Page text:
Manitoba

'We're tired of waiting': Petition for faster access to addictions treatment gathers 5,000 signatures

The mother of a man who died of a fentanyl overdose nearly five years ago says she’s fed up with waiting for the province to provide immediate access to medically assisted detox facilities with a seamless transition to long-term treatment.

'We're tired of telling our sad stories,' Arlene Last-Kolb says

Arlene Last-Kolb delivered the petition with more than 5,000 signatures to the Manitoba Legislature, where it will be presented during question period on Tuesday. (Gary Solilak/CBC)

The mother of a man who died of a fentanyl overdose nearly five years ago says she's fed up with waiting for the province to provide immediate access to medically assisted detox facilities with a seamless transition to long-term treatment.

"We don't need more groups to talk about it. I don't need another health minister to talk to. I need to hear from our premier that he is listening to us, that he actually cares about this province and what is happening in it," Arlene Last-Kolb said.

Last-Kolb is part of a group that launched a petition last month calling for facilities throughout the province. It has more than 5,000 signatures gathered at locations across the province.

The NDP will present the petition to the Manitoba government during question period at the legislature Tuesday afternoon, with Last-Kolb in attendance.

Last-Kolb's son, Jesse Kolb, died in July 2014. Since then, she's worked with health officials and families impacted by addiction to try to expand access to treatment services in the province.

Jessie Kolb is seen here in one of Arlene Last-Kolb's favourite photos of her son. (Submitted by Arlene Last-Kolb)

Although progress has been made to reduce wait times for detox and residential treatment facilities, people in the province are still dying and relapsing while trying to get help, Last-Kolb said.

As of Dec. 31, the average wait time for a female patient to get into a provincially funded residential treatment program was 61 days, while for male patients it was 48 days, a provincial spokesperson said.

"We want a seamless system, one that is available immediately," Last-Kolb said. "The idea is that you would go into your medically assisted detox, and long-term treatment and ongoing supports, like just going through doors. It would all be together. There would not be any waiting between any of it."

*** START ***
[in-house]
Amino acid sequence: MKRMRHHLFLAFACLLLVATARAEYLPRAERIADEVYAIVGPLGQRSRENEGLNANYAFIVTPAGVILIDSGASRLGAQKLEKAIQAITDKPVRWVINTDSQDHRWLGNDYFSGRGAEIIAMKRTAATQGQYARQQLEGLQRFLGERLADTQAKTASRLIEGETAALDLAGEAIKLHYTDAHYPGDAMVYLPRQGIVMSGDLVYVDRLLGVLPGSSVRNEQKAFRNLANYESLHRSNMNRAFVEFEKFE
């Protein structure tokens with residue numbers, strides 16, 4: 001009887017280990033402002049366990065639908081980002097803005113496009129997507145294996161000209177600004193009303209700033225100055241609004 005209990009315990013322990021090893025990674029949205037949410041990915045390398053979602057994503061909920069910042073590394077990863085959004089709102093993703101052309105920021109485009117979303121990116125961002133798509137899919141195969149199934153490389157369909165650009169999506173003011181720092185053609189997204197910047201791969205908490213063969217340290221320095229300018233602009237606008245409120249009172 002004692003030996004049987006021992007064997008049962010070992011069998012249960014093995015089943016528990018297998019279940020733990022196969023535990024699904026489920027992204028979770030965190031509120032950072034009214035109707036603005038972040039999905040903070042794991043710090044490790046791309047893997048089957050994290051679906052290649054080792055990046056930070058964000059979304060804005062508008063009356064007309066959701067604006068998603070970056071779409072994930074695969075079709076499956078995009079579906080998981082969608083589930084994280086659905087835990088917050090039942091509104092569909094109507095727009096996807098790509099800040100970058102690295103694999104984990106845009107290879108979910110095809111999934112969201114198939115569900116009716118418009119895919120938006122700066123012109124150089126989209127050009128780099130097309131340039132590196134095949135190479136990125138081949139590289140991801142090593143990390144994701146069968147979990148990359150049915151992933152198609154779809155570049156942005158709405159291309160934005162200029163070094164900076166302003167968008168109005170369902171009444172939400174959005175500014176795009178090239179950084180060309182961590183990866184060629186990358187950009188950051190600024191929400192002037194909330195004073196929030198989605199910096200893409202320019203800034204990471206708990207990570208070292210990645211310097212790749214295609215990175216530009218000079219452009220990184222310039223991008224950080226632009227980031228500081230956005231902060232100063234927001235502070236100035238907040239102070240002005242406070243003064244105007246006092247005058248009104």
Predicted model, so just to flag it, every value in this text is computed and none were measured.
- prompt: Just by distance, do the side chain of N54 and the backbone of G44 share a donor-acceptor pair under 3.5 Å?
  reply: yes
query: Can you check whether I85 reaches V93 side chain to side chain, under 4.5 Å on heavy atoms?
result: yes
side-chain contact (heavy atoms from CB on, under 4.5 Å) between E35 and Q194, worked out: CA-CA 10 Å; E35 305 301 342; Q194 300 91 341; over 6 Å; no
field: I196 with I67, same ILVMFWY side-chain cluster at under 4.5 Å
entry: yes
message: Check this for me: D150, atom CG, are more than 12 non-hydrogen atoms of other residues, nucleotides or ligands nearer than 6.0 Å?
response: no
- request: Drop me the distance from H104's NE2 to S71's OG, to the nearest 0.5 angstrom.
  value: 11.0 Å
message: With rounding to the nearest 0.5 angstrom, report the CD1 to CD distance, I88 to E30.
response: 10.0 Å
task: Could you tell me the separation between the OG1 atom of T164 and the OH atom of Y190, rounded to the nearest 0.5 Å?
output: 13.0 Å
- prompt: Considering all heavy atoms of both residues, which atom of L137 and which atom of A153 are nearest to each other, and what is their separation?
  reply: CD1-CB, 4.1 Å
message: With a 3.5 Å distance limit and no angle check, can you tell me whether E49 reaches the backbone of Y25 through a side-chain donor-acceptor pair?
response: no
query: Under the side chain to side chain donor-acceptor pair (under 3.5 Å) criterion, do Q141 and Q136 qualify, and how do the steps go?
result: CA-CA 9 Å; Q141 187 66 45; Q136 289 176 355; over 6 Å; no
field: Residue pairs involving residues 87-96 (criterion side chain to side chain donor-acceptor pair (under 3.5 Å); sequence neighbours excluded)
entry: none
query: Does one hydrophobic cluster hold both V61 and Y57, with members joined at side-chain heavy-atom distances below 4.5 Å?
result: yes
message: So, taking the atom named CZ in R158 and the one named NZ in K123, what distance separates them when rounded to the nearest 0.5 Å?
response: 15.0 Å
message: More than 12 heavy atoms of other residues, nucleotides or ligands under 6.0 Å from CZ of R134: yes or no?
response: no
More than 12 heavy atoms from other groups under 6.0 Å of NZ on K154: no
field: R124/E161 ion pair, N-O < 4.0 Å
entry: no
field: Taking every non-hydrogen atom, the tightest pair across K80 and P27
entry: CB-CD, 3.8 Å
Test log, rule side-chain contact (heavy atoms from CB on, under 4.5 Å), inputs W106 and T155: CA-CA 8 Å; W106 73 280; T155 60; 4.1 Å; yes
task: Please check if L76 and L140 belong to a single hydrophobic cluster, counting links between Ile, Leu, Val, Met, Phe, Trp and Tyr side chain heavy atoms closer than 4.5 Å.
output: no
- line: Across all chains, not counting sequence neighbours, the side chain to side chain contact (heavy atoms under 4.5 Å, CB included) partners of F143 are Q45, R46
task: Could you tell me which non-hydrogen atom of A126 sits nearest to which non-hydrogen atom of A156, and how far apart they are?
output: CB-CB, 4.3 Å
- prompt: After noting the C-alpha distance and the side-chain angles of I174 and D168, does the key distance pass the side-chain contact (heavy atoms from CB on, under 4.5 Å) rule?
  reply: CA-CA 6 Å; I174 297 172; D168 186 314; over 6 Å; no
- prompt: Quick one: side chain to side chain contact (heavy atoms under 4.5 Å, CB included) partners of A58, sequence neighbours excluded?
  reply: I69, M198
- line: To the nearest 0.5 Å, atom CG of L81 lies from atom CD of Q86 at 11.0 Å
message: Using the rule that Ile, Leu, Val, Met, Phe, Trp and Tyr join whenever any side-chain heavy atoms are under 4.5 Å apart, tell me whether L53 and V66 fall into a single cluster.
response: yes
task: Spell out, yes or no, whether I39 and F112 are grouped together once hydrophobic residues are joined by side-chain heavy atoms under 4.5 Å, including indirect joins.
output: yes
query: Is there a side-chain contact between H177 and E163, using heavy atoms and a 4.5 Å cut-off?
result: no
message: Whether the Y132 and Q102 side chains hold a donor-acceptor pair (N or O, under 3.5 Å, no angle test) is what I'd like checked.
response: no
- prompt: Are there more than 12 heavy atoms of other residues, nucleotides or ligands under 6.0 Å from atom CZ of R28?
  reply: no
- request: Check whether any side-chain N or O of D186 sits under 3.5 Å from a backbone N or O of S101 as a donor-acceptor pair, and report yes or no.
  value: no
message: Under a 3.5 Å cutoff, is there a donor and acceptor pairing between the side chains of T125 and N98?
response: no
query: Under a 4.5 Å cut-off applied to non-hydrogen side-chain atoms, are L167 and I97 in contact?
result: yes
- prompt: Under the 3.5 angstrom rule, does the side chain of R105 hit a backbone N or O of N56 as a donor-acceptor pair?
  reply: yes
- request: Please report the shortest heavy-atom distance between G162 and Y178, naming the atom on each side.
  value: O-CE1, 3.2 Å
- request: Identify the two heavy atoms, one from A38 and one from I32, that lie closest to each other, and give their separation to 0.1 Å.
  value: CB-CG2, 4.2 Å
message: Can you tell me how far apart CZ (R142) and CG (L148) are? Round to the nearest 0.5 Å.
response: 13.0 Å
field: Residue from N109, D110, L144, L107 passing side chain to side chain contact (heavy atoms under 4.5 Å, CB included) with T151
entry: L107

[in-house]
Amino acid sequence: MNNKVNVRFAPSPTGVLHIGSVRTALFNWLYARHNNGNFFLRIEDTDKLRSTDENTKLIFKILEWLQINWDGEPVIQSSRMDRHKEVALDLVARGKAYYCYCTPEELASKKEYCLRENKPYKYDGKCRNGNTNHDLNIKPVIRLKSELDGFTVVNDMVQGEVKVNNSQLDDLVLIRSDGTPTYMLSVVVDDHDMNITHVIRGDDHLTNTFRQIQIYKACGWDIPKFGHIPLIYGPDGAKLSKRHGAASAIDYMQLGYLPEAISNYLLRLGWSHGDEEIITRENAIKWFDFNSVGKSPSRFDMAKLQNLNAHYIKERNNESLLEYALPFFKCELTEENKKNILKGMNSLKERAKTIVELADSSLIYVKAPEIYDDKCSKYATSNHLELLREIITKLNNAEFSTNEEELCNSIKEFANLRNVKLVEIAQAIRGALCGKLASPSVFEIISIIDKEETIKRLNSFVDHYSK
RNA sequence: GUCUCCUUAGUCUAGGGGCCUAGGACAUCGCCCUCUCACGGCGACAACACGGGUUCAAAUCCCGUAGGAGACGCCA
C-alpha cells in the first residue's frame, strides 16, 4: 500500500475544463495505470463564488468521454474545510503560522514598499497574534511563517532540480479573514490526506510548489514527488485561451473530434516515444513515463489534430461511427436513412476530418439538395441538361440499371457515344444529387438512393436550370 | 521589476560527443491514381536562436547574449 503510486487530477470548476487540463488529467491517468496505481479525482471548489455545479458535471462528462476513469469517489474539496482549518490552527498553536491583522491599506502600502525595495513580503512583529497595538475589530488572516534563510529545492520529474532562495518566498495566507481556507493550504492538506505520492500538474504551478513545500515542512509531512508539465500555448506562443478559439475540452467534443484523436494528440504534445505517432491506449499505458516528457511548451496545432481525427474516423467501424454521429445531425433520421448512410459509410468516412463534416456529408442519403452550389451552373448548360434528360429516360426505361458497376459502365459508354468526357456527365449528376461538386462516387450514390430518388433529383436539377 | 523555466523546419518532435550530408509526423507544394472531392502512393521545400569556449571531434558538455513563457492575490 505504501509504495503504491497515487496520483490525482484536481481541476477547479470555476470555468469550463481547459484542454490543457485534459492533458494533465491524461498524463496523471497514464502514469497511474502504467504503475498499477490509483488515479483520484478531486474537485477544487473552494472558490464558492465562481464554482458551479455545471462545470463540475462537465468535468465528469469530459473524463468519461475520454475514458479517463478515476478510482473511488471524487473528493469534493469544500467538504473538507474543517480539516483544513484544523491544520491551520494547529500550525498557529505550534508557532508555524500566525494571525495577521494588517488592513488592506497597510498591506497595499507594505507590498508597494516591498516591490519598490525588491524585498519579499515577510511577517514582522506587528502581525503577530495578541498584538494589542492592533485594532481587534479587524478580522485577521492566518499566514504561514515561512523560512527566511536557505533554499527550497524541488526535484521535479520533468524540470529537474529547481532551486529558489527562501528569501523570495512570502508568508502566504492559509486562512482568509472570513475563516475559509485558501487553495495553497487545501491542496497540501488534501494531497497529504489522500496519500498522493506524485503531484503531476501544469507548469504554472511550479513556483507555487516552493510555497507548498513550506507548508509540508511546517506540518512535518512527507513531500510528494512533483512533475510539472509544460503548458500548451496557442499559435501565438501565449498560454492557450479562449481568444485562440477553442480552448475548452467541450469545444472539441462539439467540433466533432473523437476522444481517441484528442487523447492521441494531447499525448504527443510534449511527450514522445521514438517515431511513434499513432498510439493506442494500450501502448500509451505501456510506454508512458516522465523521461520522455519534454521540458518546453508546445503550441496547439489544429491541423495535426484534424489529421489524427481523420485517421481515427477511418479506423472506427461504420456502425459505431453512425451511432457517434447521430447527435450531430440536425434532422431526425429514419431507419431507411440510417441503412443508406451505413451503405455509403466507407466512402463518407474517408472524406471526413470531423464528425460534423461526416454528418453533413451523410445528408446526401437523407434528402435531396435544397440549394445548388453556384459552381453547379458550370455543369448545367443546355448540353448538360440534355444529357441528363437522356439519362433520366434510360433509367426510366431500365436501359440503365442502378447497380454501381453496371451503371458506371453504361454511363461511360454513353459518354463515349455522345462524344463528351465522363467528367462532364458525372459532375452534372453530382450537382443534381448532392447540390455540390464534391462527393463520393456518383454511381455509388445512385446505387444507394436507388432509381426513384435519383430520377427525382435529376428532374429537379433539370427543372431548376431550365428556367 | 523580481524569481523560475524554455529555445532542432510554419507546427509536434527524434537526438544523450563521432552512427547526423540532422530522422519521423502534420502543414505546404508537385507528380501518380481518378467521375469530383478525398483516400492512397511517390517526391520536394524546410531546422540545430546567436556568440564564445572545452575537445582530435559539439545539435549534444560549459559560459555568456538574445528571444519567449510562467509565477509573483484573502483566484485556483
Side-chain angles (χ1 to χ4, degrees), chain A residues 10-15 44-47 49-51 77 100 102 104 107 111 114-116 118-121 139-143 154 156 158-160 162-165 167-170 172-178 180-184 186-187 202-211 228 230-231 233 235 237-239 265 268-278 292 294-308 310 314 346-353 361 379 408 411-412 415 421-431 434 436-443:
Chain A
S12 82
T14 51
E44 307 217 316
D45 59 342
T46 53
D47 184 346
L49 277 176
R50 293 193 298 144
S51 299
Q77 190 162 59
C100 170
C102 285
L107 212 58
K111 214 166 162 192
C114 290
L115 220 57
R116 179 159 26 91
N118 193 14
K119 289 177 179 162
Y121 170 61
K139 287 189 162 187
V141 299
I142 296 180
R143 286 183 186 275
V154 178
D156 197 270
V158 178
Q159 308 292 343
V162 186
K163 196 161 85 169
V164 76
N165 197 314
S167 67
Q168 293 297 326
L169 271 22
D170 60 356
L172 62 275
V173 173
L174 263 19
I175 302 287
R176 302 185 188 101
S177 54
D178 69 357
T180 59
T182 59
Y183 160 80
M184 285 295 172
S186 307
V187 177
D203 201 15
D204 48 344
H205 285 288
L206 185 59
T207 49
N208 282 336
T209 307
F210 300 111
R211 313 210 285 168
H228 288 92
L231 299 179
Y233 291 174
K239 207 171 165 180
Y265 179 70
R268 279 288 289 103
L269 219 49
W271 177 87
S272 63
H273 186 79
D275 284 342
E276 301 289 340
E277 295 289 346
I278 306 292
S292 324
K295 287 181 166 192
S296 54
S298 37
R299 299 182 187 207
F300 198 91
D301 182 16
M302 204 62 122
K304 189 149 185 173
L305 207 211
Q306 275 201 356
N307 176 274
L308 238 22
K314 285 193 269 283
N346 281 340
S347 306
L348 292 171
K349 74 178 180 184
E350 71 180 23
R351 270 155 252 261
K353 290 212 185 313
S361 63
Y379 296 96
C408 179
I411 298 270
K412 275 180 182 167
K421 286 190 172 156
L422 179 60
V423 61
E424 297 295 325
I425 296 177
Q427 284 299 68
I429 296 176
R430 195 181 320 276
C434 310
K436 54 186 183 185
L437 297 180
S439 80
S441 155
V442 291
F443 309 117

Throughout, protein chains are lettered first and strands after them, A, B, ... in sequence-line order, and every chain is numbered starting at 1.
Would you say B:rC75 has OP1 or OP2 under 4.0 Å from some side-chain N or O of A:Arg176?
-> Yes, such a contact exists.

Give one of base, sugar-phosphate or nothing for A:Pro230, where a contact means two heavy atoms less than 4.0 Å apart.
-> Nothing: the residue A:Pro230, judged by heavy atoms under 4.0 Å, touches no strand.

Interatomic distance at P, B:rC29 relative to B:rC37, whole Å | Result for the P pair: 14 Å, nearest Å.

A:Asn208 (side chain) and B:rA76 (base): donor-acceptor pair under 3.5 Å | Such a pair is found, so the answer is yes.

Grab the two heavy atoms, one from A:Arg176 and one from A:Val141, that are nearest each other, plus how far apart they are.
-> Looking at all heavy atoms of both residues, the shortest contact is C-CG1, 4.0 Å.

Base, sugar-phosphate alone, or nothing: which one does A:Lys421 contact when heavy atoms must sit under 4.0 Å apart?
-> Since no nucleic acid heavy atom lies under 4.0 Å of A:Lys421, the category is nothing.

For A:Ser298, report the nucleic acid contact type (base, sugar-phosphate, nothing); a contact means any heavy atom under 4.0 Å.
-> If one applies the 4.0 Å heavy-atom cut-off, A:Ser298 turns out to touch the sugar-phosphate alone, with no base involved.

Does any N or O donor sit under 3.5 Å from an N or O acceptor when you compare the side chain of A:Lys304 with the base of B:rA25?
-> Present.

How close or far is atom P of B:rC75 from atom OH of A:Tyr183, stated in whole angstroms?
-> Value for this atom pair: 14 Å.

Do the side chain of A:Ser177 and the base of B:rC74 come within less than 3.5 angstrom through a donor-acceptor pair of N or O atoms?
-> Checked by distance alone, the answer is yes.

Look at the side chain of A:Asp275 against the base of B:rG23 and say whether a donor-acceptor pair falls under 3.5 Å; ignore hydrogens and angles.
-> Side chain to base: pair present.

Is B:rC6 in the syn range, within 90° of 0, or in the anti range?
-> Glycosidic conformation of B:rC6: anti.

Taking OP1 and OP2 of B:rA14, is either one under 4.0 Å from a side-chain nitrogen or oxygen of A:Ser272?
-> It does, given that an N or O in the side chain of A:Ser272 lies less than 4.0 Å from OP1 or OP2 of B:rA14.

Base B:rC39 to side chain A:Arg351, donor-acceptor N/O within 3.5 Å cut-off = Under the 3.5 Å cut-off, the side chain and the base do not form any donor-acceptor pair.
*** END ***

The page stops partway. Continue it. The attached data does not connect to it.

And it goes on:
Virgo recommendations

The petition comes one year after the province released its report on mental health care and addictions treatment in Manitoba, commonly referred to as the Virgo report after the company that produced it.

It detailed how poorly co-ordinated, underfunded mental health and addictions services in Manitoba lag behind the rest of the country and will take a long time to repair.

That report included 125 recommendations. In an emailed statement, the province said it has acted on 22 of those recommendations so far.

That includes opening five Rapid Access to Addictions Medicine (RAAM) clinics and doubling the number of treatment beds for women at the Addictions Foundation of Manitoba's Portage Avenue site from 12 to 24, the province's statement said.

Last-Kolb's petition launched April 18 and ran until May 15. The response shows there is widespread demand for a medically assisted detox facility, she said.

"We have a terrible problem going on in our province, and this petition tells that we're tired of waiting. We're tired of talks. We're tired of new groups being put together. We're tired of telling our sad stories."

With files from Alana Cole

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